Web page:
My interest in architecture first developed at a very young age when I was fascinated by all forms of architectural structures. I chose my A Level subjects with this goal in mind. While I was at College, I actively researched apprenticeships over the more traditional university route, not only because of the faster timeline to qualification, but also to avoid the considerable debt accumulating from what would ordinarily be about seven to eight years of study.

I’ve learnt about 90% of what I know from being in the workplace supporting the development of real-life projects, but I formalise my learning studying at London South Bank University. Two years into my work at Clerkenwell-based Apt London I’ve already worked on an exciting mix of commercial and high-end residential projects.

Just one of the projects I’m working on is Hill House in London, where we’re retaining almost 60% of the existing building’s structure while creating a sustainable and healthy workplace with access to landscaped terraces at every level. There will even be a vertical forest that climbs up the building, hosting wildlife and improving biodiversity.

Going into my apprenticeship, I certainly didn’t know about software packages such as Revit, Rhino, AutoCAD and all the Adobe software that you need to master, but as an apprentice you’re there to learn and get support from your colleagues. We also have weekly apprentice mentoring to pin up your university work and get feedback on it. I’ve also had to get comfortable presenting to upwards of 200 people as part of what’s called a “Crit” – essentially how architects critique and give feedback on a live project.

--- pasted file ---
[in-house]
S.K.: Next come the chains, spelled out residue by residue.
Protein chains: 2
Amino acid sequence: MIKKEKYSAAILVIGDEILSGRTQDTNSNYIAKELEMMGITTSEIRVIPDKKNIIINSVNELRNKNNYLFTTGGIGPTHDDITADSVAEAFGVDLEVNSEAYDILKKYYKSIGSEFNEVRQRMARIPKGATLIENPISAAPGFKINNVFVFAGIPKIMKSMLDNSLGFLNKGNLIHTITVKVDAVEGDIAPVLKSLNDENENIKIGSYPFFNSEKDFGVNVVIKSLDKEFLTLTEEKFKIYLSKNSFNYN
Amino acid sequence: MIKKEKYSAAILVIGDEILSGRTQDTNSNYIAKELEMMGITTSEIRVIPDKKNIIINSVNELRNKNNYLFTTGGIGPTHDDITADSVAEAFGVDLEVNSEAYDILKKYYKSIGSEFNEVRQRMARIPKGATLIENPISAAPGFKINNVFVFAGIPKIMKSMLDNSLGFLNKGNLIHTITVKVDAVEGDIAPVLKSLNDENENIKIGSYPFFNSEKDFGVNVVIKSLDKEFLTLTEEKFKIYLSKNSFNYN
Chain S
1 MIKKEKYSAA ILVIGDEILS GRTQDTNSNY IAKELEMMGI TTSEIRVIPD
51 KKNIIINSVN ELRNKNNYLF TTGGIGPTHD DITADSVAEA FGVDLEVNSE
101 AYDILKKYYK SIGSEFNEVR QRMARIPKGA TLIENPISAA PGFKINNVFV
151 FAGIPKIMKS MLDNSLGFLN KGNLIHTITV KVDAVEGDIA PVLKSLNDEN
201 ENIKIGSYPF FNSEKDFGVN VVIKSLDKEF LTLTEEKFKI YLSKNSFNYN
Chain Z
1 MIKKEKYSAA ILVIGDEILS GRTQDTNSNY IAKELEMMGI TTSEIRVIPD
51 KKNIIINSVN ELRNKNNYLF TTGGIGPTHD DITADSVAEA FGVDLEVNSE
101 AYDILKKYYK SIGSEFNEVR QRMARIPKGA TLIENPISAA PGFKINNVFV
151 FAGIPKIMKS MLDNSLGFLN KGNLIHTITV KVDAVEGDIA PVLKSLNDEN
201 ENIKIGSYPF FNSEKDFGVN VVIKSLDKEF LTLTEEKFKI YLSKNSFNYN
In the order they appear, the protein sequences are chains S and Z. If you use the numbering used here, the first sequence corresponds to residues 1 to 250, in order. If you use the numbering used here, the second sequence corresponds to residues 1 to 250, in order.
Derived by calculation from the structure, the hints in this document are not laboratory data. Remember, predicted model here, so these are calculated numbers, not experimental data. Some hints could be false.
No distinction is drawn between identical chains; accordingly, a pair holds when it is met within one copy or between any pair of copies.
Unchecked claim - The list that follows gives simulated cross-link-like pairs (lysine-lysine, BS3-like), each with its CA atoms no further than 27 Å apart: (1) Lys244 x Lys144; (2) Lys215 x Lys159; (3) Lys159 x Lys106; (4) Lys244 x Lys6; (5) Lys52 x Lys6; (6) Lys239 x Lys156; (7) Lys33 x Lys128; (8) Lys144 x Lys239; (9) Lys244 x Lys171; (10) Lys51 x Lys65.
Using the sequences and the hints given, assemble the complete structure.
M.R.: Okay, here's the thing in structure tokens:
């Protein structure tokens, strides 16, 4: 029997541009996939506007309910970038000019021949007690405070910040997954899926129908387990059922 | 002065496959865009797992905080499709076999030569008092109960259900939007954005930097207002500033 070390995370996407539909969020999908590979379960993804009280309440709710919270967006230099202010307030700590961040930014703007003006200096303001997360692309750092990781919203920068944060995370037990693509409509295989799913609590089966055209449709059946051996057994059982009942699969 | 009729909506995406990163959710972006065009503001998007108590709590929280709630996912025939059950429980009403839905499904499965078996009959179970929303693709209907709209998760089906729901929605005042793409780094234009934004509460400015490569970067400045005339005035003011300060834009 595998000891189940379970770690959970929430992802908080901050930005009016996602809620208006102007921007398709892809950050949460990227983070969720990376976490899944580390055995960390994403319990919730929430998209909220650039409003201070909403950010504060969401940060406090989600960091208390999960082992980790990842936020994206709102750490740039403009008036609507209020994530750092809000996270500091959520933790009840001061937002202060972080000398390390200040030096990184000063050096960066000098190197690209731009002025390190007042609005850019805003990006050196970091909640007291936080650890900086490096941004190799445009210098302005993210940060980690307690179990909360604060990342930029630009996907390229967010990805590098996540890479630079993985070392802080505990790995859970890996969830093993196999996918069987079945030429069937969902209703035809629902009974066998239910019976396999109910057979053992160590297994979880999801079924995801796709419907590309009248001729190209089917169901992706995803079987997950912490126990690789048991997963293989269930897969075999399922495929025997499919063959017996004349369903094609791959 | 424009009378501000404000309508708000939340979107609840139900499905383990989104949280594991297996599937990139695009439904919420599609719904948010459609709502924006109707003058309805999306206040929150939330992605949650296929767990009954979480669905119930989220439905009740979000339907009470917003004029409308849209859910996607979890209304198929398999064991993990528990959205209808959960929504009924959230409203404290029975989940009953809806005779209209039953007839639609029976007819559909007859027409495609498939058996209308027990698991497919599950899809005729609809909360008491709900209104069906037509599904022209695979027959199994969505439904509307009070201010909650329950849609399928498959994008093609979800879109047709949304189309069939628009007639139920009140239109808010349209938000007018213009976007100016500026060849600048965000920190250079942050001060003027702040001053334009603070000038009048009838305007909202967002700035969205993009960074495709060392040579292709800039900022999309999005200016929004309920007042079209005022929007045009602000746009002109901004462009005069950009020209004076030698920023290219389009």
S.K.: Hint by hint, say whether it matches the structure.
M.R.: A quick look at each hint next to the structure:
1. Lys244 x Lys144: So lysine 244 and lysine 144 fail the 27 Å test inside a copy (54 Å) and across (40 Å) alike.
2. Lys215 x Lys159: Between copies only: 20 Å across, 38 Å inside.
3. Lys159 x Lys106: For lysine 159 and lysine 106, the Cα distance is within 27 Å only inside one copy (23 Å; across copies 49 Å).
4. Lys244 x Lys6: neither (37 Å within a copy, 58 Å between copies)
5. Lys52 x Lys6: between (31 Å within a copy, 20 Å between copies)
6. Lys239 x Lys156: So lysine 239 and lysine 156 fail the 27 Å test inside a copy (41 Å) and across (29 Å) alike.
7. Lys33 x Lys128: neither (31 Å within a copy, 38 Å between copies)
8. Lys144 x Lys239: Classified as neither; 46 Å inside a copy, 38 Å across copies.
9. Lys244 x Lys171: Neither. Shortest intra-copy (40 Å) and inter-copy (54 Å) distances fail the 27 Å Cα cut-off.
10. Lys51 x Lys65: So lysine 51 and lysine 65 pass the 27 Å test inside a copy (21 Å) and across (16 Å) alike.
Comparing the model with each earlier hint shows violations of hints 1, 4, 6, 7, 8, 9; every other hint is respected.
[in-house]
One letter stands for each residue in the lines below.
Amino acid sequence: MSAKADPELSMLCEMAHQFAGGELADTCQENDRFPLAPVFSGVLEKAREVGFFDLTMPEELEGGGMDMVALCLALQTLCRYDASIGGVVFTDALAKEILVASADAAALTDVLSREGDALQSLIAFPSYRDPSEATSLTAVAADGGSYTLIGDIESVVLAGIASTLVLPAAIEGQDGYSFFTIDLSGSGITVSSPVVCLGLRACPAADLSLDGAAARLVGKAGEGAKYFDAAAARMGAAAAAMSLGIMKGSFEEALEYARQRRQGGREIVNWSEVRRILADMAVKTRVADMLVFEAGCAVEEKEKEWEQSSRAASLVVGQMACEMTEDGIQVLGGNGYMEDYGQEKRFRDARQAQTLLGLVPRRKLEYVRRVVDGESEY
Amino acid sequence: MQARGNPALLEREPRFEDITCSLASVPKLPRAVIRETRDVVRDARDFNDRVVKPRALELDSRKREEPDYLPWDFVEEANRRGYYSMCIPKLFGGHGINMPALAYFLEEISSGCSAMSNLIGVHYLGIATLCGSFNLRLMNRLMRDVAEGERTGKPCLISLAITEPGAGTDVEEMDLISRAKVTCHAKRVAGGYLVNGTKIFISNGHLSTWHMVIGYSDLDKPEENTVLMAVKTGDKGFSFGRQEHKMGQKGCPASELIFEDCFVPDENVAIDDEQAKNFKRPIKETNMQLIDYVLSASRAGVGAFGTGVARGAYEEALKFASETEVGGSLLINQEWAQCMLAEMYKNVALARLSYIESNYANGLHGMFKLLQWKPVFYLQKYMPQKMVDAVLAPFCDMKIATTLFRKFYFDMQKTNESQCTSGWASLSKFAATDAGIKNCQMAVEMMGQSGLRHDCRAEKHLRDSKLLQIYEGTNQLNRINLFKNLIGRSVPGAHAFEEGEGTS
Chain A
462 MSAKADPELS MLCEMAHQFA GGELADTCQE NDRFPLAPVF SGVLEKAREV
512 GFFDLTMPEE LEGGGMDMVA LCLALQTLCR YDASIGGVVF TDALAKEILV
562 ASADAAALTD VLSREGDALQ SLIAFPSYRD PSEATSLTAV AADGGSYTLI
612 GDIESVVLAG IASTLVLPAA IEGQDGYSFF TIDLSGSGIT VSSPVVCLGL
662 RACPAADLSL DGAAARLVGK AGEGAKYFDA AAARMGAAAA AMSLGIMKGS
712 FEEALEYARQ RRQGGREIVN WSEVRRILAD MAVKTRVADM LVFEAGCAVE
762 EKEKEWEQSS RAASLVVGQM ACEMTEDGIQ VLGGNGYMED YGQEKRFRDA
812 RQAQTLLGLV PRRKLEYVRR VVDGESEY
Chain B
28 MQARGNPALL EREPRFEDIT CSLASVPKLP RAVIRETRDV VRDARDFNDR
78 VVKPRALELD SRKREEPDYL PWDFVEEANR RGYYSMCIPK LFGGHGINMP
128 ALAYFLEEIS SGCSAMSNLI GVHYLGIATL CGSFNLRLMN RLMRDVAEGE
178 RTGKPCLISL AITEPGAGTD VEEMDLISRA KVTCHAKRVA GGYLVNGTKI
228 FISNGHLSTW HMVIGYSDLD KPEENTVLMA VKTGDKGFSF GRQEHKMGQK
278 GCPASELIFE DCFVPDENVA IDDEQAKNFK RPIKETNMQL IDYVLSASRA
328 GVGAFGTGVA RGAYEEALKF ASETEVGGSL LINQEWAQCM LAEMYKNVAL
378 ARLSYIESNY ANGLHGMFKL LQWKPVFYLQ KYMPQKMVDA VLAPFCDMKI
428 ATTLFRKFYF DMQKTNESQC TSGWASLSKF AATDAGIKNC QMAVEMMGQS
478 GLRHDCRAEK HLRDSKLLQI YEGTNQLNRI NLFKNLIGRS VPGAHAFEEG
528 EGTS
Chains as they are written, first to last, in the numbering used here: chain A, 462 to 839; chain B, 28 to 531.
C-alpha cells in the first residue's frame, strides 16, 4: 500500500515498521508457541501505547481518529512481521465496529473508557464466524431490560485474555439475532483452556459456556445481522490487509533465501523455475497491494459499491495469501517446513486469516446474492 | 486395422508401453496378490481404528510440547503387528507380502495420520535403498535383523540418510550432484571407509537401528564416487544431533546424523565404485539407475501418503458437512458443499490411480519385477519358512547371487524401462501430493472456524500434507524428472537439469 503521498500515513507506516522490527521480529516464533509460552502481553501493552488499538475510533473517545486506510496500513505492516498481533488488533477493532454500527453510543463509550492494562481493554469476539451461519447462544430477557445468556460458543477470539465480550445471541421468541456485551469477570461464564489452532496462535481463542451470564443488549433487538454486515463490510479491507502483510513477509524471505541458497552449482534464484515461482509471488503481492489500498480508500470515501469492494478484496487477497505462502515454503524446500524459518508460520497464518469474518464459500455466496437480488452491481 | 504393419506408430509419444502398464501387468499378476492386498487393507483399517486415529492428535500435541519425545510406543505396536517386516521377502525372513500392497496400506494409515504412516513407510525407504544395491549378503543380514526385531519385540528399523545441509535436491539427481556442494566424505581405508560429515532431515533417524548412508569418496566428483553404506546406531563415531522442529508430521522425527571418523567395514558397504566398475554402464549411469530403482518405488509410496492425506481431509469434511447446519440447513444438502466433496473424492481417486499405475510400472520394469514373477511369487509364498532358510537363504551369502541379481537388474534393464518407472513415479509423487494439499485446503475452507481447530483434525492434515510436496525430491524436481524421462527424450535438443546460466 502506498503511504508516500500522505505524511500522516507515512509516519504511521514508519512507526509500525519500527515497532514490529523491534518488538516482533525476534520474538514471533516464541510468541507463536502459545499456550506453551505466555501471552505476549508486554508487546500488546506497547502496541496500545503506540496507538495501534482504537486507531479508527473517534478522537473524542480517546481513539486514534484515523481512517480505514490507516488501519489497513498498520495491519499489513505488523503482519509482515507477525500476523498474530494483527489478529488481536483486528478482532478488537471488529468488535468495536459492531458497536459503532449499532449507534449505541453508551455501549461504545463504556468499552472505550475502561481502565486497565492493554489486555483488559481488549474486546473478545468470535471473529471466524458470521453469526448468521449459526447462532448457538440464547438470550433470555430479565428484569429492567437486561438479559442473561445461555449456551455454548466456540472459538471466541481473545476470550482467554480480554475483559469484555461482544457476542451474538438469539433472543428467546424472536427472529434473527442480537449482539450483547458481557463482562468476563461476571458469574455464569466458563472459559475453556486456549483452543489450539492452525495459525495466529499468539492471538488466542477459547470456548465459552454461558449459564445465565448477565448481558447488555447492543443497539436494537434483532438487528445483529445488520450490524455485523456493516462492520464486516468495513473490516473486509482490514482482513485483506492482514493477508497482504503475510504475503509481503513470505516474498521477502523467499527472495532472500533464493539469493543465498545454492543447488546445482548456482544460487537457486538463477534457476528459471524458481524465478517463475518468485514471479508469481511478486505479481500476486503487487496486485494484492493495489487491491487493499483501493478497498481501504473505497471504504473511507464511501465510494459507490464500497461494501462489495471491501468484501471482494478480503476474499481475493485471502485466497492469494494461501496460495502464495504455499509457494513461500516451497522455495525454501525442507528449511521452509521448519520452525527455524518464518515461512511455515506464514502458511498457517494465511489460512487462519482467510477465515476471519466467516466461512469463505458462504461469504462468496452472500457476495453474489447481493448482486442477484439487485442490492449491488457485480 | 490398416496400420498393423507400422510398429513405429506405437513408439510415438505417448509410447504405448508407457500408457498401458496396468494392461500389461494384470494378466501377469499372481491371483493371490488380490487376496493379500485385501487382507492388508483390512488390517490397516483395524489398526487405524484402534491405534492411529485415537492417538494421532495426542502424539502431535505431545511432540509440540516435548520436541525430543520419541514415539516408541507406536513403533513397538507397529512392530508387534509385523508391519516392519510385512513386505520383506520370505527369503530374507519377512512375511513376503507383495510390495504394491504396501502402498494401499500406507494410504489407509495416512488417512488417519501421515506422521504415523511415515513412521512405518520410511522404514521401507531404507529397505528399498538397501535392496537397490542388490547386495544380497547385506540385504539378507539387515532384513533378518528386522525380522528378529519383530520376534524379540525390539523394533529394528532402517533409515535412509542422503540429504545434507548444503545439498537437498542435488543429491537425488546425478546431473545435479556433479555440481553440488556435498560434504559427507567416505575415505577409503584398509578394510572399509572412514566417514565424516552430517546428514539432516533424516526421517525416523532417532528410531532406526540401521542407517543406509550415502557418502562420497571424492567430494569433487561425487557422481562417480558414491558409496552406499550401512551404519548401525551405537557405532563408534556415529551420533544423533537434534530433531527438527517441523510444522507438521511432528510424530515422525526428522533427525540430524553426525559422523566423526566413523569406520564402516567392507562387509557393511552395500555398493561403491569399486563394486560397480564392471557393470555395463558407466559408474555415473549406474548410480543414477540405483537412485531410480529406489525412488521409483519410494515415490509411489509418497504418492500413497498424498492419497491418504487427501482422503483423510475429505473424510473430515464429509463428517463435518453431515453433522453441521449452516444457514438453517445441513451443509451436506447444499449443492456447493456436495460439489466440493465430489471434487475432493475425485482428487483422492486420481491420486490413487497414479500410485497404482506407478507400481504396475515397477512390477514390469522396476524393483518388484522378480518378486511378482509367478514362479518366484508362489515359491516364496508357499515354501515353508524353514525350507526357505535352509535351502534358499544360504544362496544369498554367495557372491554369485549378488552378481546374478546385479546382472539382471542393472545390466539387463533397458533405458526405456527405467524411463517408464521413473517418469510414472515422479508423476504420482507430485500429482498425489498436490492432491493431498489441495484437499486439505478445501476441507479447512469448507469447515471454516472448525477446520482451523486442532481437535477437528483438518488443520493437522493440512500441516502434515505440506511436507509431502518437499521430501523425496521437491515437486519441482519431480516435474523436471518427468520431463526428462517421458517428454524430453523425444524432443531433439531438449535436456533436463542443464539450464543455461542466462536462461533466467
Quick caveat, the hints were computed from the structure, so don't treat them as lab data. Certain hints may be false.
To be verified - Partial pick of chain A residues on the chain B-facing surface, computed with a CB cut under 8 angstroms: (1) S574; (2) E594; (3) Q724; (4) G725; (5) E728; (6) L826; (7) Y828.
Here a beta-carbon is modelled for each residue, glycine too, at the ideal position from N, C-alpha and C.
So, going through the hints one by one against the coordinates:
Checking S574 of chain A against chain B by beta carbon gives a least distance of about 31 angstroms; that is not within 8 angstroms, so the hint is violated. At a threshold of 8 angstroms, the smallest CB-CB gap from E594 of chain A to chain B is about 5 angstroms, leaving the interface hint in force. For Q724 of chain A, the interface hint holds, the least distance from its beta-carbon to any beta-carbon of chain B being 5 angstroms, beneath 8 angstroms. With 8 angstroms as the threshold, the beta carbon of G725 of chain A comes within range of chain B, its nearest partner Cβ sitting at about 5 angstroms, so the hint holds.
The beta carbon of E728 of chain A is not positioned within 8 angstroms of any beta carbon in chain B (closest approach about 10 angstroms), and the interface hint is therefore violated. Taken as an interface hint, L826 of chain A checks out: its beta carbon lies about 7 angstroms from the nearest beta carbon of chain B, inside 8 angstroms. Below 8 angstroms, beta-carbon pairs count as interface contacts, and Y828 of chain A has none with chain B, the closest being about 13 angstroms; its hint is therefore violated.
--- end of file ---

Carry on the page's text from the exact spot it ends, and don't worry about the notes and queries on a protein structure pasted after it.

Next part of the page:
In terms of applying for an apprenticeship, I’d say what matters is having an eye-catching portfolio that’s clear, concise and demonstrates that you can communicate well through drawings and diagrams with limited words. I also backed this up with work experience I’d organised for myself at both an architectural practice and an engineering company. Communicating and working well in a team are important in my daily work and there are touchpoints with Engineering and Law. Companies often like to see that you do also have outside interests and hobbies to help relieve any stress when working on big deadlines.

It’s not all sunshine and rainbows of course – there are late nights to meet critical project deadlines from time-to-time, but I have great colleagues and Apt plan brilliant social events which more than make up for it!

It can be a long time until you see your planning realised so you need to have patience to see a building you’ve worked on going up. In the future, I hope to see a building I helped worked on be part of London’s Skyline.

Angellyca Allan

Reigate College: 2019-2021

Higher Education: Currently studying Architecture, London South Bank University

Currently: Degree Apprentice (L6), Apt London

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